R&C: Could you explain the idea of ‘risk transformation’ and why is it gaining increasing momentum?

Kazmi: Risk transformation, broadly speaking, is the strategic alignment of an institution’s risk management discipline with its operating model in order to gain operational efficiencies and increase shareholder value. It is the integration of the risk function within every aspect of the institution. A fundamental shift occurs when an institution undergoes risk transformation: the risk management function becomes a trusted adviser to senior management and the board and a strategic business partner across the organisation, while aligning itself cross-functionally. The emphasis is on achieving an enterprise-wide view of the company’s risk exposure, through shared data, insights, information and employees. This approach takes risk beyond its traditional role as a ‘comply and control’ function and creates a competitive advantage for the institution. Over the past decade, institutions have been preoccupied with meeting evolving regulatory expectations. This has not left much time for the risk function to iterate strategically. Many initiatives were satisfied through ad hoc solutions that addressed only the problem at hand. Redundancies were rampant and cross-functional efforts were uncommon. While the quest for cost reduction and operational efficiencies has been one of the driving factors for institutions to pursue risk transformation, one of the near-term triggers has been the current expected credit loss standard (CECL) and its comparable international standard – the International Accounting Standards Board’s IFRS 9. As the most complex accounting change in several decades, the CECL implementation process, unlike stress testing, has required institutions to break down silos between the lines of business and the risk management, finance and accounting functions.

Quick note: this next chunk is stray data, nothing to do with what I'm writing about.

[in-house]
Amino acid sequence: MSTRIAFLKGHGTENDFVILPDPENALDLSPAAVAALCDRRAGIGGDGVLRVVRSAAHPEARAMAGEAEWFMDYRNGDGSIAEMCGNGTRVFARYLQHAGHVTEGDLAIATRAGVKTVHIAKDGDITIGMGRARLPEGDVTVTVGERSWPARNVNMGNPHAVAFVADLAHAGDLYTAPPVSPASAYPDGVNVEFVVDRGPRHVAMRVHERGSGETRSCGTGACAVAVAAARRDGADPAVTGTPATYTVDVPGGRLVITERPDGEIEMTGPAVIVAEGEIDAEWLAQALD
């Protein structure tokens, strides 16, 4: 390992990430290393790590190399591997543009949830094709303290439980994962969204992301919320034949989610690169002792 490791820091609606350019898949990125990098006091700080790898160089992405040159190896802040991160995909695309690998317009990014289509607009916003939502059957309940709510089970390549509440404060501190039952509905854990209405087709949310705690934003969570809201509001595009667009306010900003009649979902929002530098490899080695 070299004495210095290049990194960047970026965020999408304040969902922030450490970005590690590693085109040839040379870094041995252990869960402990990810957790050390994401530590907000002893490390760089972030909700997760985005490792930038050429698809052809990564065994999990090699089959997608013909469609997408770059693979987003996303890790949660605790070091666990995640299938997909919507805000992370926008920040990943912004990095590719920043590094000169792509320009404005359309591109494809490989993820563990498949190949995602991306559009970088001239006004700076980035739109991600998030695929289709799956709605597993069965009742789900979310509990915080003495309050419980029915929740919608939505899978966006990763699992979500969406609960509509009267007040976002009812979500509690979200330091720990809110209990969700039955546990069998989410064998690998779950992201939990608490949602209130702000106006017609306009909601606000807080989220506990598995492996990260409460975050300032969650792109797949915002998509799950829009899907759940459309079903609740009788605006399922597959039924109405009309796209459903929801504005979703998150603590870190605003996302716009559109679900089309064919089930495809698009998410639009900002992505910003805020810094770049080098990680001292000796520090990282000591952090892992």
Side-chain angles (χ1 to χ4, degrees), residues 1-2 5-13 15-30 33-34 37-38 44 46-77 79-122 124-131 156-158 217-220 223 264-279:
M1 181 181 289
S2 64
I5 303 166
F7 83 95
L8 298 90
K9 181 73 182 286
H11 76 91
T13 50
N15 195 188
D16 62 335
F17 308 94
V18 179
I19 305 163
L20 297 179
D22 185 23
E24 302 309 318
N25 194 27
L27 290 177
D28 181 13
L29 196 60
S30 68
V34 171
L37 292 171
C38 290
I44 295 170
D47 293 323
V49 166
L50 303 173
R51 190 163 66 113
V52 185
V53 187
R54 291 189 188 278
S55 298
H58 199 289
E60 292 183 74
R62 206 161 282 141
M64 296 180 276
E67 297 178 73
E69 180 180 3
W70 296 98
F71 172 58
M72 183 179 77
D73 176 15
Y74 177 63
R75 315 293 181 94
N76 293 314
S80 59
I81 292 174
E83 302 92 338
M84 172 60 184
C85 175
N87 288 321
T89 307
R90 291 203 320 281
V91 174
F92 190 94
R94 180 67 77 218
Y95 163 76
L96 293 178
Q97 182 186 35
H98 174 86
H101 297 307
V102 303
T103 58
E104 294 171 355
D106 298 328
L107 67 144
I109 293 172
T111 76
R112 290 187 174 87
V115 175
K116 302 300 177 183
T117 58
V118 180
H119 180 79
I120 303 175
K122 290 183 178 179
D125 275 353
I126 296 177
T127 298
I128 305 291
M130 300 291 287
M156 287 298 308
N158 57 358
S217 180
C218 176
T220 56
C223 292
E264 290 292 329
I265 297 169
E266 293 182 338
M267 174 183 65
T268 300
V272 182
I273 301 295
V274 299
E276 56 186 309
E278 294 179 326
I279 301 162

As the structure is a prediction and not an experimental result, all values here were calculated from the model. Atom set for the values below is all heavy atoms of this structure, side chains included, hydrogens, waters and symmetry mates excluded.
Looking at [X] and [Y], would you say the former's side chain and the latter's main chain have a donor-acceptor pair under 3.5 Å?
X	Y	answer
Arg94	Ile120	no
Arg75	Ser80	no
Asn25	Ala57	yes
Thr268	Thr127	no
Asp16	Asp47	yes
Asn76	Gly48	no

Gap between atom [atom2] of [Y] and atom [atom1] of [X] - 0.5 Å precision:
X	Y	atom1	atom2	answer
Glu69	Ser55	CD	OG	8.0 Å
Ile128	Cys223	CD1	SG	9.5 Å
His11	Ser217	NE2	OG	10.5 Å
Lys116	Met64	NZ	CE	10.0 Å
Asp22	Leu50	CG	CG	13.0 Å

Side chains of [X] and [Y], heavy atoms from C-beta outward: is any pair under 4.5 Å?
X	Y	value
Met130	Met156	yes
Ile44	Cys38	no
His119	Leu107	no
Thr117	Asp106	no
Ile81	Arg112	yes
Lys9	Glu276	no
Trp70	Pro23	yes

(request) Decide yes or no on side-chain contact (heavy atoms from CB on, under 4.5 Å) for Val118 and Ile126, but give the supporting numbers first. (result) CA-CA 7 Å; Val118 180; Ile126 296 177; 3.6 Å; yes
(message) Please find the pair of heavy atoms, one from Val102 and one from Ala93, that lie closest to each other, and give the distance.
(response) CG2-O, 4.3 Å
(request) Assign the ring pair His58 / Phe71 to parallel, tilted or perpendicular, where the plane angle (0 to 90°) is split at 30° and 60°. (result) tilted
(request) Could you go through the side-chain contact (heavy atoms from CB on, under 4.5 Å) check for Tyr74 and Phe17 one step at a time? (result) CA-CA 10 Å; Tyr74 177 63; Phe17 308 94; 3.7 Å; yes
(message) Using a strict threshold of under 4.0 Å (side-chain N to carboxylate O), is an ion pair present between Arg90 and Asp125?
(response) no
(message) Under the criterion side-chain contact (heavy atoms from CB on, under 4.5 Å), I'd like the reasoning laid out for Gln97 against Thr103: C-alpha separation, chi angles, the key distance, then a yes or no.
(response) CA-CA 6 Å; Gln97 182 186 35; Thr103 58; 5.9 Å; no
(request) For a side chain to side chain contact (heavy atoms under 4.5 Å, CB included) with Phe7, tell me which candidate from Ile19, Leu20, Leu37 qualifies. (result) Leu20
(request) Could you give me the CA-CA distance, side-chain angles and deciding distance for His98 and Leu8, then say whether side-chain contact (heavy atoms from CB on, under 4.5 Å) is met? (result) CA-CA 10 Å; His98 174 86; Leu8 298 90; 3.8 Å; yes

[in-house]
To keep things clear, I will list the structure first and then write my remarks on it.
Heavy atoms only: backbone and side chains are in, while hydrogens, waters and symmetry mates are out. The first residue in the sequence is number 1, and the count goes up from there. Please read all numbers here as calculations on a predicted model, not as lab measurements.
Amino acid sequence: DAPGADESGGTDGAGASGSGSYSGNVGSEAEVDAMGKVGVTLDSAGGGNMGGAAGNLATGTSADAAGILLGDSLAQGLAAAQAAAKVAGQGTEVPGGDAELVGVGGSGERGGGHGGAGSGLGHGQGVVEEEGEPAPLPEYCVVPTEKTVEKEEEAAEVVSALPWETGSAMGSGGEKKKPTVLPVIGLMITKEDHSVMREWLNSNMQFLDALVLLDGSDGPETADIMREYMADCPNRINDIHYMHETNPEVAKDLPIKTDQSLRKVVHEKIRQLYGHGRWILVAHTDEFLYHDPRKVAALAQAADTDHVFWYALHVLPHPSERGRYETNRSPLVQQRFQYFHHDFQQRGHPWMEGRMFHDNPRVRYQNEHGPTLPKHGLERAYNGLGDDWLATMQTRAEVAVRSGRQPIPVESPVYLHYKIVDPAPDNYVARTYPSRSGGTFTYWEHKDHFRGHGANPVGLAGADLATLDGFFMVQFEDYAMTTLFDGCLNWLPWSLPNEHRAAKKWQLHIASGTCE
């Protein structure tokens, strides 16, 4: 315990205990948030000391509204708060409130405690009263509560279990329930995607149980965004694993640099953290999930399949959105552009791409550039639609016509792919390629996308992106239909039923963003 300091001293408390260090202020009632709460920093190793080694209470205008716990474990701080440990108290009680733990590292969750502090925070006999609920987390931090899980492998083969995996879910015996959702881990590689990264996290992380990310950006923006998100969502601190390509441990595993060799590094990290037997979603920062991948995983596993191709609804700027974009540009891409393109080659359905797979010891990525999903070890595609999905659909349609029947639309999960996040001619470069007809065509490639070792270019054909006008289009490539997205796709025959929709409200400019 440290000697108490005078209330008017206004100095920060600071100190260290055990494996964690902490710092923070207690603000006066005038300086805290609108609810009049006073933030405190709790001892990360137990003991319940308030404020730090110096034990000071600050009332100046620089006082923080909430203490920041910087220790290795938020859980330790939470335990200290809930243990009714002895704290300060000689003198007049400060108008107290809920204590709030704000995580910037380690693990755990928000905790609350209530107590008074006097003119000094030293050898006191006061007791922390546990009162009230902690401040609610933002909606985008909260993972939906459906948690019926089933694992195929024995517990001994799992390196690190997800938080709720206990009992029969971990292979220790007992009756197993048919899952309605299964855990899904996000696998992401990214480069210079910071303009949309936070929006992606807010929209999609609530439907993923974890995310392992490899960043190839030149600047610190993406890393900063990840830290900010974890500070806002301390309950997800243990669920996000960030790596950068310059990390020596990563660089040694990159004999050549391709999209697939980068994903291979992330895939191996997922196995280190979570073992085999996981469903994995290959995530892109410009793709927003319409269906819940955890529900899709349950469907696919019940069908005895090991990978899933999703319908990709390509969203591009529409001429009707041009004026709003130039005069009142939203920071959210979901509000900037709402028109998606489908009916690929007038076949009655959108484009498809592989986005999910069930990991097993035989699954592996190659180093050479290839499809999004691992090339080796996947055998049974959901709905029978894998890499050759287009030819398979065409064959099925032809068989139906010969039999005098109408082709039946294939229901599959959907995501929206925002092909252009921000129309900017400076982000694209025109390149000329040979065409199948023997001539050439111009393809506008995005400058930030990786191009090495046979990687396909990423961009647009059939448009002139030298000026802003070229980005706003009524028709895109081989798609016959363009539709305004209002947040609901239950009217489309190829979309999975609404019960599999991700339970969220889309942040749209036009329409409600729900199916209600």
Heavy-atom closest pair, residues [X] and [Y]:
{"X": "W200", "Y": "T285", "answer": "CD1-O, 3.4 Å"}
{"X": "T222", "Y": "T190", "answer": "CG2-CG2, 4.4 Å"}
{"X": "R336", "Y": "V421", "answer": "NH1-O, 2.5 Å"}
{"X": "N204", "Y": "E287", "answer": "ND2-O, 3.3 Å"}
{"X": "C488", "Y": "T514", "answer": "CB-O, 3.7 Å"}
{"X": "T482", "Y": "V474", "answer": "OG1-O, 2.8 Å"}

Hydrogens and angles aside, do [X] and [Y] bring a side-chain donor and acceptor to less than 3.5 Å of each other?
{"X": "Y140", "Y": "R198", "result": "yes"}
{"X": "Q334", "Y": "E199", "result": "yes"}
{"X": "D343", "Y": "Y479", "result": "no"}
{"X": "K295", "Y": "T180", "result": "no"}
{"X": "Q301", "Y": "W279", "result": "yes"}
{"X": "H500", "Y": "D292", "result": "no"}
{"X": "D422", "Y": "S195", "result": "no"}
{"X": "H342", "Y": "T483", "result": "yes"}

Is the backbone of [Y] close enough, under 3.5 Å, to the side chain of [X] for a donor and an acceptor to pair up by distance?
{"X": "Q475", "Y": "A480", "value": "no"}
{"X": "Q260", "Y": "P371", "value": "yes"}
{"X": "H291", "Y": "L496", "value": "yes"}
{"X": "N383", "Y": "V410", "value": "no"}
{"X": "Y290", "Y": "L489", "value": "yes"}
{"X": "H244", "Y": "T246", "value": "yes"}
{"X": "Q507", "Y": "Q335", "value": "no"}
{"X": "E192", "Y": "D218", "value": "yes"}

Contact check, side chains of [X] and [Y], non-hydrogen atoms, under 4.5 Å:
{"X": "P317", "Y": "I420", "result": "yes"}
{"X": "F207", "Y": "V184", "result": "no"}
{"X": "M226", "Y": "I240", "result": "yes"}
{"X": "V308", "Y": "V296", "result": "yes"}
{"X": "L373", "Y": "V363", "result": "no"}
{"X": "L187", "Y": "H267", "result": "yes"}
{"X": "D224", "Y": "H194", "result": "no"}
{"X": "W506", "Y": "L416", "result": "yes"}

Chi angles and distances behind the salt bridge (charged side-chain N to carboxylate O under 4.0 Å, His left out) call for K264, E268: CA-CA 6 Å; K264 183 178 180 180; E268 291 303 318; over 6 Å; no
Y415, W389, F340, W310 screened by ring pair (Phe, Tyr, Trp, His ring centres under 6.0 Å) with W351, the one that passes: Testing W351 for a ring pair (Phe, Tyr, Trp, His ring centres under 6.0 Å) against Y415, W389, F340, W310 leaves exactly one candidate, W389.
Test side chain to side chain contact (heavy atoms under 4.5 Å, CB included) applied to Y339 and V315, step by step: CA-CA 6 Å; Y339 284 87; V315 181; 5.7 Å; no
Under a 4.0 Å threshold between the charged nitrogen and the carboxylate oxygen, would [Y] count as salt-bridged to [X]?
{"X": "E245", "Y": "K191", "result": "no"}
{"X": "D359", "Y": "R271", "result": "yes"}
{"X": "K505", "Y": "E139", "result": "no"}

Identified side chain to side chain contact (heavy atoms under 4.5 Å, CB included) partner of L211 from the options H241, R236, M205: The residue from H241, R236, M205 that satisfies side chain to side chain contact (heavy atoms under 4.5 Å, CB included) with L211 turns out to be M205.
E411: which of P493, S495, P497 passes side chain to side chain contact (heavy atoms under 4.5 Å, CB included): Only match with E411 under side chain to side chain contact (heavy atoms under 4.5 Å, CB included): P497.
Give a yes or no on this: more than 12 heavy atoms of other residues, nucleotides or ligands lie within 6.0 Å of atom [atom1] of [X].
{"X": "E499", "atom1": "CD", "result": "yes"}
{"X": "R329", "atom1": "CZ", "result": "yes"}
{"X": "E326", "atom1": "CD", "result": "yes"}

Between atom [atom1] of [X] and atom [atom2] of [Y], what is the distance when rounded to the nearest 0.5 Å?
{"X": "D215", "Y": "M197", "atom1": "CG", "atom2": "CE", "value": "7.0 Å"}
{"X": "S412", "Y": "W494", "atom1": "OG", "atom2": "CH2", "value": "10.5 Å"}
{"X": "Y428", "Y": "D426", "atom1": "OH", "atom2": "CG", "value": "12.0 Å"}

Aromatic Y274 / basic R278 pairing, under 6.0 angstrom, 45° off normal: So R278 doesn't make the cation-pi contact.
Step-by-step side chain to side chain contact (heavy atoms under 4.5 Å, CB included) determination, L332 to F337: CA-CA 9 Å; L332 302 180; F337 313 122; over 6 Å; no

Oct-Dec 2019 Issue